March 8, 2011

a tale of two King Cakes

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It’s Fat Tuesday!  In anticipation of the lean season of Lent, I spent the weekend getting some baking out of my system.

Growing up, the arrival of Fat Tuesday/Mardi Gras/Carnevale usually brought a batch of my mother’s King Cake (adapted from a recipe she got from a friend years ago).  The cake is basically a huge cinnamon roll with purple, green, and gold sugar on top and a plastic baby hidden inside.  What could be better than a big, sweet ring of cake, cinnamon, butter, and brown sugar?

I never questioned the cake's authenticity until a few weeks ago, when we were treated to a weekend of authentic, New Orleans-style Mardi Gras parties thrown by the Mystick Krewe of Louisiana.  During one late-night gathering as they were cutting the King Cake, my Louisianan cousin commented that it just wouldn’t be authentic King Cake without cream cheese filling.  I had never heard of such a thing, but sure enough, the cake was filled with cream cheese.  The texture of the cake struck a lovely balance between cakey and flaky.  I was surprised by how much I liked it (and was tempted to go back for more).

When it came time to make my own King Cake this year, I wanted to try it with cream cheese and decided to do some experimenting.  The King Cake has a long, often disputed history, and the various incarnations of the traditional pre-Lenten treat are endless.  In New Orleans, there are probably as many versions as there are bakers.  I sifted through lots of recipes, very few of which included the desired cream cheese.  I finally found an Emeril Lagasse recipe on foodnetwork.com.  I figured if anyone had an authentic recipe, he would.

A few hours of kneading and rising later, I had a 1/2 batch of Emeril's cream-cheese-filled King Cake and a full batch of my mom's recipe, with various filling variations.

The two doughs were quite different.  For the same amount of water, butter, yeast, and salt, my mom’s recipe called for 2 eggs, 7 cups of flour, and a cup of water.  Emeril’s, on the other hand, called for 5 egg yolks, only 5 cups of flour , and no water.  My mom's came out more like a traditional cinnamon roll (fluffy and spongy with a moist chew) and Emeril's more brioche-like with a lighter mouth-feel and a drier crumb.
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my mom’s recipe is on the left; Emeril’s on the right

I loved the cream cheese filling.  The problem with Emeril's was that the lemon zest and nutmeg in the dough combined with the cream cheese filling made the whole thing taste like apples.  I have no problem with apples. They are one of my favorite foods.  But if I want an apple-stuffed pastry, I'll make an apple-stuffed pastry.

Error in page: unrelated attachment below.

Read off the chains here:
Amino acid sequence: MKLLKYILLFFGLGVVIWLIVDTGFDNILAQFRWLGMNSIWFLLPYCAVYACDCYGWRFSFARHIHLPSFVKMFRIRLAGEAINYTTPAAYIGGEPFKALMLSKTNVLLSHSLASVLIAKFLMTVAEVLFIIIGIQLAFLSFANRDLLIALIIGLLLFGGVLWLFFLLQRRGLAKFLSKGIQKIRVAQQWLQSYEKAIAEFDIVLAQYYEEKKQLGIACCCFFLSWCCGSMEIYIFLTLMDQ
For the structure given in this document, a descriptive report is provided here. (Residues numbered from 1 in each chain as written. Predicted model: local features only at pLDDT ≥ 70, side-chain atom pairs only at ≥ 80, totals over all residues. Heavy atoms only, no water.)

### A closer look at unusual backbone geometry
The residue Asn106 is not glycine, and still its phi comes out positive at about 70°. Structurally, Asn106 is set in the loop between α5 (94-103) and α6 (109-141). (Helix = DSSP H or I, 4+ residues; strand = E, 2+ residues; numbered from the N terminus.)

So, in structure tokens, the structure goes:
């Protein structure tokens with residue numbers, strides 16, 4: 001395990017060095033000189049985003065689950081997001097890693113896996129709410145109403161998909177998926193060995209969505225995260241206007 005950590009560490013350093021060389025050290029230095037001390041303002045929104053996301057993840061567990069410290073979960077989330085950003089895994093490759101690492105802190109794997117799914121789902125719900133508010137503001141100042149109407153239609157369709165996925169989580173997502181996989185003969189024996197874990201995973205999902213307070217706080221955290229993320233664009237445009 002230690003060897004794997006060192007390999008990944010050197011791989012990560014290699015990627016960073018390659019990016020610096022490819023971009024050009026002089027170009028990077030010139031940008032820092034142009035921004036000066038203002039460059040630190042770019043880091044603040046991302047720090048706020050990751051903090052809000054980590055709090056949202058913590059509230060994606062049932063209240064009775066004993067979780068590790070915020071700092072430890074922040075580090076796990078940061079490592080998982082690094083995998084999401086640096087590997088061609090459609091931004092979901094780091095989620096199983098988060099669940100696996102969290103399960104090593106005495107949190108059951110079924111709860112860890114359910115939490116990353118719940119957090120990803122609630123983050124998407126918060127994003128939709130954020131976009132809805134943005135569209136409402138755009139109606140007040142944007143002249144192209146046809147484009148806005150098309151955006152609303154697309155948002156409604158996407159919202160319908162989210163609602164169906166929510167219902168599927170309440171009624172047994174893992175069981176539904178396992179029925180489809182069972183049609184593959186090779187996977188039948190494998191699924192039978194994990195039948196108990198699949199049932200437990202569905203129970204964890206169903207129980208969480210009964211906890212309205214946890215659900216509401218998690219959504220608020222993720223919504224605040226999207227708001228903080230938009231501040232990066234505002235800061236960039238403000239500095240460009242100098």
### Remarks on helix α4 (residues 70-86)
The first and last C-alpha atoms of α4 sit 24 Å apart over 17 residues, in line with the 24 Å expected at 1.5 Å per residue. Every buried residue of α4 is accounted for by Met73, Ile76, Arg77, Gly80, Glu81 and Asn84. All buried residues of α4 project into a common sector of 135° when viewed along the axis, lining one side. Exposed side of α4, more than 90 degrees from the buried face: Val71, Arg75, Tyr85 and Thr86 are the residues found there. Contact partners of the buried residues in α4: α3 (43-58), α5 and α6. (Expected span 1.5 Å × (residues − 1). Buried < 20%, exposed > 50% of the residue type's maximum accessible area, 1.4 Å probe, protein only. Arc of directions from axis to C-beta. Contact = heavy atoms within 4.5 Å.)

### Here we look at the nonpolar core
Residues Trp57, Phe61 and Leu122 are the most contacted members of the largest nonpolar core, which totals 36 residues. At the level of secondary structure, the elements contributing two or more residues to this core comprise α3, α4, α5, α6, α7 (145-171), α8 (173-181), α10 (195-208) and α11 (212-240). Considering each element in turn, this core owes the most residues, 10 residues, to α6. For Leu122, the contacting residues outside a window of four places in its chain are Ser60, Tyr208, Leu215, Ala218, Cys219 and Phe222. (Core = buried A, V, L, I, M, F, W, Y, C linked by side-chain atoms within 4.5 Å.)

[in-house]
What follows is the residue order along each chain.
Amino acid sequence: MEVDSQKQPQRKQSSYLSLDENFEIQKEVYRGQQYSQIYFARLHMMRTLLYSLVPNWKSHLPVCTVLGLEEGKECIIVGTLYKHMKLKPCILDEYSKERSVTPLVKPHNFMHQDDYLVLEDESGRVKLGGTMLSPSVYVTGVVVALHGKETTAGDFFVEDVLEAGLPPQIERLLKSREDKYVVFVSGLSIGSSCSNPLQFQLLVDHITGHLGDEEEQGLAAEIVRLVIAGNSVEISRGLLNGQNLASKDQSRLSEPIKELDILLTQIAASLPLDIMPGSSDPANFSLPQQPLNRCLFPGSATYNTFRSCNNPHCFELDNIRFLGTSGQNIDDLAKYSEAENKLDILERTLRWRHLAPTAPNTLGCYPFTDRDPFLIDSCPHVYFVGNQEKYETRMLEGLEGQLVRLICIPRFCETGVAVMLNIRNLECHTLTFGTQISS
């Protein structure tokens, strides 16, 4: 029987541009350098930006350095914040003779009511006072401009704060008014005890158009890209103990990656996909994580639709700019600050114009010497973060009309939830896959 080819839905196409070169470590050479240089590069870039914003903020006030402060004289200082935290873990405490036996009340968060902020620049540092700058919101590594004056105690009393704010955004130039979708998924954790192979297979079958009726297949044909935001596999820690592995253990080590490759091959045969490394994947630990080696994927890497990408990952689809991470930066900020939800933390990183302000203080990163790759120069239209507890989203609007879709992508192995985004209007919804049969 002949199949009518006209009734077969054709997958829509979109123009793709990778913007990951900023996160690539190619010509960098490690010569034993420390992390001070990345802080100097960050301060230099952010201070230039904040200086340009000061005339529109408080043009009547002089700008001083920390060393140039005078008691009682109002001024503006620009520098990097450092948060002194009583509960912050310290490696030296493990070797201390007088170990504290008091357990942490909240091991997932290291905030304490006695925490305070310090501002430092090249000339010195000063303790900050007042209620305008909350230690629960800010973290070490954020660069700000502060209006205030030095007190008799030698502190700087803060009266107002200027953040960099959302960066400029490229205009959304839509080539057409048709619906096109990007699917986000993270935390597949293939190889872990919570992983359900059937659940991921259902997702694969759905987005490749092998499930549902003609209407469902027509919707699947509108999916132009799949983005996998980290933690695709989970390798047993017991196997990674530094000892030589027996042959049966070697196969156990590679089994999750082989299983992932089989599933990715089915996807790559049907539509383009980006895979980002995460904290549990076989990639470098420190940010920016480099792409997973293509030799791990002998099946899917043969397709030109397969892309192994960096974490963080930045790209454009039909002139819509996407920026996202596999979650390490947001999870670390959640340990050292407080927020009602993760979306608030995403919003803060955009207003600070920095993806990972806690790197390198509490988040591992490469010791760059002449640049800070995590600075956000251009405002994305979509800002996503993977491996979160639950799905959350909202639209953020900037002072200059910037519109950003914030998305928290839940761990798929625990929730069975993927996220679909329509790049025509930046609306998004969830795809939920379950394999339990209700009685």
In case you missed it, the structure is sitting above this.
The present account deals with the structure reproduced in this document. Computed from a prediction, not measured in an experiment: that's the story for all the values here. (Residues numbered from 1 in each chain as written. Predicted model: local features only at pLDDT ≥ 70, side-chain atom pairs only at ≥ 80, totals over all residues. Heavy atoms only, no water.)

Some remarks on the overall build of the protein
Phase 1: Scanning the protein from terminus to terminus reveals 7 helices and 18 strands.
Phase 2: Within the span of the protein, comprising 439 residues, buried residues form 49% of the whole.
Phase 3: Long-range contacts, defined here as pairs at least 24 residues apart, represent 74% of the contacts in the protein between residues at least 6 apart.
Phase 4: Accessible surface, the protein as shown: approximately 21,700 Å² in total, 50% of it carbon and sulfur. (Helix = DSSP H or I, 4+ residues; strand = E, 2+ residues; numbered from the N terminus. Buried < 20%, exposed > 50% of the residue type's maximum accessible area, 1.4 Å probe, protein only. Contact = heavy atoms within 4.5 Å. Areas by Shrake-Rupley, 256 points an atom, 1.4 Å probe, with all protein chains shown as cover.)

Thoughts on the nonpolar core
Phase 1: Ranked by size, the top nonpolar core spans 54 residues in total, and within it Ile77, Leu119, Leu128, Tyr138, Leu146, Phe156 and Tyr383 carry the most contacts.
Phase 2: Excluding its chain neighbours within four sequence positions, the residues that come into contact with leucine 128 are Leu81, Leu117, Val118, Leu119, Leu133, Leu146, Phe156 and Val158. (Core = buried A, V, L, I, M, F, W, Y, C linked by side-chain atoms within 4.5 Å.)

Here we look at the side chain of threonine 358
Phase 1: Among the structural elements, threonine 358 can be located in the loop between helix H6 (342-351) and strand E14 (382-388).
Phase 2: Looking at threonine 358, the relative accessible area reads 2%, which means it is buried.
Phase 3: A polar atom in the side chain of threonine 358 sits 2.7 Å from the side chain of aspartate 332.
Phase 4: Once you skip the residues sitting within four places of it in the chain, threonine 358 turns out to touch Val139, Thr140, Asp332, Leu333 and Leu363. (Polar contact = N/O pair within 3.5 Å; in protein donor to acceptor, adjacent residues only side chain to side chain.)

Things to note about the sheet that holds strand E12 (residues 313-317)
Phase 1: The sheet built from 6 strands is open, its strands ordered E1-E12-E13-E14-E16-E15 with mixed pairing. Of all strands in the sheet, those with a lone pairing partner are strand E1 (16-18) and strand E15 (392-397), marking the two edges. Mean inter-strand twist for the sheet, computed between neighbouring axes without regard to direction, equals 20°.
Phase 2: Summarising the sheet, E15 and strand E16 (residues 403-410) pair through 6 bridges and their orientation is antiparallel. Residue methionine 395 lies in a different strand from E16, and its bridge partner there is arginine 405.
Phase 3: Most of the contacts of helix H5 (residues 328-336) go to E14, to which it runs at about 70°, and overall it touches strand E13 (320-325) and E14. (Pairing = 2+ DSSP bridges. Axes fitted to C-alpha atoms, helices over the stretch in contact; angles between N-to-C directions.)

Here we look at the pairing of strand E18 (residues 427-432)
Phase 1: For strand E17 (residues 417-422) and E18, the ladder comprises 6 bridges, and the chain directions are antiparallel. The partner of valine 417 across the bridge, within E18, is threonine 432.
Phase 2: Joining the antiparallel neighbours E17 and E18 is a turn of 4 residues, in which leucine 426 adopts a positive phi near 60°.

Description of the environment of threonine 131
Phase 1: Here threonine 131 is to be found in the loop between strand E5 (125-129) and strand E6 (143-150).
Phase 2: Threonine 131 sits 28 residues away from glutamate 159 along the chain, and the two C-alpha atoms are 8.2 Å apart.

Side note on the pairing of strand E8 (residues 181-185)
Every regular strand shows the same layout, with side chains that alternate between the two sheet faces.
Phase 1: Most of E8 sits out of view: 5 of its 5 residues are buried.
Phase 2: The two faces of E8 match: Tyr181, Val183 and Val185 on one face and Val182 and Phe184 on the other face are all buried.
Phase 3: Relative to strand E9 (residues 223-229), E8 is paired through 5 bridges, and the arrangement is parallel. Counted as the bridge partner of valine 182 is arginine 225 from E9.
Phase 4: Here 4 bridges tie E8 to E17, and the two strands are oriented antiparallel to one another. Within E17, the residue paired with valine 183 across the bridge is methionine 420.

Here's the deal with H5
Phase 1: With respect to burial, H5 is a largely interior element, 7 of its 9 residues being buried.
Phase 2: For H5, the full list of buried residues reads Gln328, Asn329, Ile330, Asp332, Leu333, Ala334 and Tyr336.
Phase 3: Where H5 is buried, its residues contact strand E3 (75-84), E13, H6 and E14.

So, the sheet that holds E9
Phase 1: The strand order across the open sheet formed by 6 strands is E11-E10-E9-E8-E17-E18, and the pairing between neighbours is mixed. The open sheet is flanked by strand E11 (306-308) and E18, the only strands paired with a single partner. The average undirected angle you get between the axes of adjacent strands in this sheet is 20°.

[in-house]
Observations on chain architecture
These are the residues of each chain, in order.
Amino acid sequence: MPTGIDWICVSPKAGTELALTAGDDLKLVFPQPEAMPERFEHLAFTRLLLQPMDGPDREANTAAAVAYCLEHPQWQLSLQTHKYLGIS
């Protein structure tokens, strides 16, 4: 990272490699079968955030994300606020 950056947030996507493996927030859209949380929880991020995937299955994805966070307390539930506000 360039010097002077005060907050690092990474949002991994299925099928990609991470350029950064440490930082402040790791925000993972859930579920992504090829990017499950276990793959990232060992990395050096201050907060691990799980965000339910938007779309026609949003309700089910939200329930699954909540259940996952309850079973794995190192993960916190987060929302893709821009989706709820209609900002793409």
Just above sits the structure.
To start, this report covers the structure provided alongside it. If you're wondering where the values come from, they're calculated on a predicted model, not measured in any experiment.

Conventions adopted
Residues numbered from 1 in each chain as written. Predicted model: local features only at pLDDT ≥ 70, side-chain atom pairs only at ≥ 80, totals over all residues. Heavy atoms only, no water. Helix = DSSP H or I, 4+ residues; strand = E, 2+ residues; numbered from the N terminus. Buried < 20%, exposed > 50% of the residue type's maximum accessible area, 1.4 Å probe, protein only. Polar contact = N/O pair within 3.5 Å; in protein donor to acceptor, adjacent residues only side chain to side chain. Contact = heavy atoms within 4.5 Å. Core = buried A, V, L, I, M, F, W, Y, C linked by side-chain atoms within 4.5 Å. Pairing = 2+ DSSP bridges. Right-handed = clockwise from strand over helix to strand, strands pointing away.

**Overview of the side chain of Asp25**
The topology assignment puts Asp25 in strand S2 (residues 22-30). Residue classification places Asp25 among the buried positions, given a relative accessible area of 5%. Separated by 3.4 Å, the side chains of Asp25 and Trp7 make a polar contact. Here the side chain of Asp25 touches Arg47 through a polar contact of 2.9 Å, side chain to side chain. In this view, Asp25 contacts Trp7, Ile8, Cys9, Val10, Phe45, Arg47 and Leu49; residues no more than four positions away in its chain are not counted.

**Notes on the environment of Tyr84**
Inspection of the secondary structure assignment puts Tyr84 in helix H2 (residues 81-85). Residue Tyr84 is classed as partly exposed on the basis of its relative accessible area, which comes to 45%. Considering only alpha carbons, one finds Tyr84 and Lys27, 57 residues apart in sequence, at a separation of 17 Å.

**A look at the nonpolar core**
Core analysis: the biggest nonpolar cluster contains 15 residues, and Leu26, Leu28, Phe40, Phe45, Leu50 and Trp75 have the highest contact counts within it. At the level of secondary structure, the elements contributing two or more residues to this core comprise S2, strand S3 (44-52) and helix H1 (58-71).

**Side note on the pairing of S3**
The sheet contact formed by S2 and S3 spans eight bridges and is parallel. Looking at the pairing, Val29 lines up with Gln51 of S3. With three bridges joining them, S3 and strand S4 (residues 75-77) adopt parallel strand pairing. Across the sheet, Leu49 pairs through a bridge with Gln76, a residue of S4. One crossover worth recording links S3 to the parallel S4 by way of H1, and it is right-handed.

The problem with the family recipe was that once I'd tasted Emeril's dough, I realized how much it was really just a cinnamon roll.  I like cinnamon rolls, but as with the apples, I was going for something all little different.  It was certainly just a texture rather than a flavor issue.  I liked both the butter-pecan-cinnamon-brown sugar filling and the cinnamon-brown sugar-cream cheese filling I had tried, but I wanted a dough more similar to Emeril’s.

Unfortunately I didn’t have the time or the audience for a third batch of King Cake, so I wasn’t able to come up with my ideal recipe.  I supposed it will have to wait until next year.  Instead, I’ll offer the recipes I used and some ideas if you feel like experimenting yourself.

You can find Emeril’s original recipe here.  If I were to make it again, I would omit the nutmeg and lemon from the dough and add cinnamon and brown sugar to the cream cheese filling.  I’d also sub milk and vanilla extract for the lemon juice in the glaze. It would look a little something like this:

King Cake with Cream Cheese Filling (adapted from Emeril’s King Cake)

Dough
5 cups all-purpose flour
½ cup sugar
4 tsp instant yeast (or two packages active dry yeast)
1 teaspoon salt
1 cup warm milk (110 degrees F)
½ cup (1 stick) unsalted butter, melted
5 egg yolks

Filling
8 ounces cream cheese, softened slightly
½ cup powdered sugar
1 tsp cinnamon
½ cup brown sugar
¼ cup chopped pecans (optional)

Glaze
2 cups powdered sugar
1 teaspoon vanilla extract
2-4 tablespoons milk

Decorating Sugar
½ cup granulated sugar, divided in three (Color each with a few drops of yellow, green, or red/blue food coloring and toss with a fork in order create yellow, green, and purple decorating sugar.)

Plastic baby or coin

In a large mixing bowl or in the bowl of a stand mixer, combine yeast, sugar, butter, egg yolks, and milk.  Stir to combine. (If using active dry yeast, you must wait for the yeast to activate before adding the dry ingredients.  After several minutes, the mixture should begin to bubble.)

Add the flour and salt.   Stir until dough begins to come together.  Then, either mix with dough hook on lowest setting for 5 minutes (until dough pulls away from side of bowl and becomes smooth), or turn mixture onto floured surface and knead by hand for 5 minutes until dough is smooth, adding flour as necessary to prevent sticking. 

Place dough in a large, oiled bowl, turning dough over once so that all sides are coated.   Cover the bowl with plastic wrap and allow dough to rise in a warm place until doubled in size, 1.5 to 2 hours.

When dough is almost finished rising, combine the cream cheese and ½ cup powdered sugar in a small mixing bowl. Mix well.

In another small bowl, stir together cinnamon and brown sugar.